Note: This is an archived Handbook entry from 2011.
|Dates & Locations:|| |
This subject has the following teaching availabilities in 2011:Semester 1, Parkville - Taught on campus.
Timetable can be viewed here. For information about these dates, click here.
|Time Commitment:||Contact Hours: a 2-hour seminar per week. If enrolments exceed 35, the 2nd hour of the seminar may be split into 2 or 3 small classes. |
Total Time Commitment: 10
|Recommended Background Knowledge:||Politics and International Studies at Undergraduate level|
|Non Allowed Subjects:||166-444 The Emerging World (Dis)Order|
|Core Participation Requirements:||For the purposes of considering request for Reasonable Adjustments under the disability Standards for Education (Cwth 2005), and Students Experiencing Academic Disadvantage Policy, academic requirements for this subject are articulated in the Subject Description, Subject Objectives, Generic Skills and Assessment Requirements of this entry.The University is dedicated to provide support to those with special requirements. Further details on the disability support scheme can be found at the Disability Liaison Unit website: http://www.services.unimelb.edu.au/disability/|
CoordinatorAssoc Prof Derek Mcdougall
ContactAssoc. Prof. Derek McDougall firstname.lastname@example.org
This subject provides students with an opportunity to think about some of the major issues in contemporary international politics. An underlying theme is the extent to which contemporary international politics can be seen in terms of the emergence of a new pattern of order or not. This theme is approached through an examination of state-based and cosmopolitan approaches in contemporary international politics, with reference to issues such as the role of the US and the major powers, the role of Islam, the UN and regional organisations, international justice and democracy, and global inequality. International disorder is approached through a study of issues such as the role of nuclear weapons, Third World conflicts and terrorism. Students who complete this subject should have an understanding of a range of issues or themes in contemporary international politics. have written an in-depth analysis of at least one of those themes or issues. and be able to reflect more broadly on the range of themes and issues which have been raised.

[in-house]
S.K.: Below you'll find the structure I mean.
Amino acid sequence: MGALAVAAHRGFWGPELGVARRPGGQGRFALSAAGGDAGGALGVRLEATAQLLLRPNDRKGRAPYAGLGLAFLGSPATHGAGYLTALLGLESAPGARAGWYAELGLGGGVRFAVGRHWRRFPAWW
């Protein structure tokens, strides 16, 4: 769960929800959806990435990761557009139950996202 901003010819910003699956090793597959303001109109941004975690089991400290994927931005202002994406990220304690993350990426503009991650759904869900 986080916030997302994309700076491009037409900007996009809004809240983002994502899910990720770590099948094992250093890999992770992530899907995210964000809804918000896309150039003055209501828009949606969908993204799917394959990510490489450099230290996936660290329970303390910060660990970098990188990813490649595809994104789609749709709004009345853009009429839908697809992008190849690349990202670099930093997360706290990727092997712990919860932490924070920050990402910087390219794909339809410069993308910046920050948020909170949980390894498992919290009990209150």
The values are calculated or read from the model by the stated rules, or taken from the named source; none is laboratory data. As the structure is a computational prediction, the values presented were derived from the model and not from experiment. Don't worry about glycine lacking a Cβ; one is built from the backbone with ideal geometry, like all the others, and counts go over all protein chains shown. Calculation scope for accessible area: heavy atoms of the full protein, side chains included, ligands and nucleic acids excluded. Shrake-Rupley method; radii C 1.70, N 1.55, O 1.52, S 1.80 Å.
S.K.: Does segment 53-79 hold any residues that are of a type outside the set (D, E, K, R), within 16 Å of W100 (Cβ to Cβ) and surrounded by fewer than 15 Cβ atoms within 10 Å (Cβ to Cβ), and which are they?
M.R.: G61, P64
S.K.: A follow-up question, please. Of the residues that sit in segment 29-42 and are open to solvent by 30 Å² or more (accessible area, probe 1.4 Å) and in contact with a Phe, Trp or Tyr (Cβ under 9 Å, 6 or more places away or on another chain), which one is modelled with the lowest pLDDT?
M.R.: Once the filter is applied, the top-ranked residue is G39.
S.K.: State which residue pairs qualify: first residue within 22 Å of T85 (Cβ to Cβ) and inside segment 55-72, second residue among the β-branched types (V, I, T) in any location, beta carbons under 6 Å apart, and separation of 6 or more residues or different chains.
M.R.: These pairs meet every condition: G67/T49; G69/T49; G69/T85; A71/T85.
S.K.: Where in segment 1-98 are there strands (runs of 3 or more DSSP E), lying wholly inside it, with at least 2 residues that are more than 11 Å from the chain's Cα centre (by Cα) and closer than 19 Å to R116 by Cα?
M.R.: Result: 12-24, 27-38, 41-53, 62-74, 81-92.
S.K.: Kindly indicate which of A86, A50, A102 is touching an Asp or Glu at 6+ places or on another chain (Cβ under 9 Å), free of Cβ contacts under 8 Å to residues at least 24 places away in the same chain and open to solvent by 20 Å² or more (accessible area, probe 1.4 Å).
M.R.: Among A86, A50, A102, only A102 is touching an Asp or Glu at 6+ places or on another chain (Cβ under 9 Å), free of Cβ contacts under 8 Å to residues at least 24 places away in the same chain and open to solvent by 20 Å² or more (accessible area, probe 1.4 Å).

A written essay of 3500 words (70%) due late in semester, and a critical review of 1500 words (30%) due during the examination period.
Hurdle Requirement: Students are required to attend a minimum of 75% of classes in order to qualify to have their written work assessed. Students who fail to meet this hurdle requirement will be deemed ineligible to submit the final piece of assessment for this subject. Regular participation in class is required.
Assessment submitted late without an approved extension will be penalised at 2% per working day. In-class tasks missed without approval will not be marked. All pieces of written work must be submitted to pass this subject.
|Prescribed Texts:|| |
A subject reader will be available for purchase from the University Bookshop.
|Breadth Options:|| |
This subject is not available as a breadth subject.
|Fees Information:||Subject EFTSL, Level, Discipline & Census Date|
Master of International Relations |
Master of International Studies
200 point program - full time over 18 months |
200 point program - full time over 24 months
Politics and International Studies
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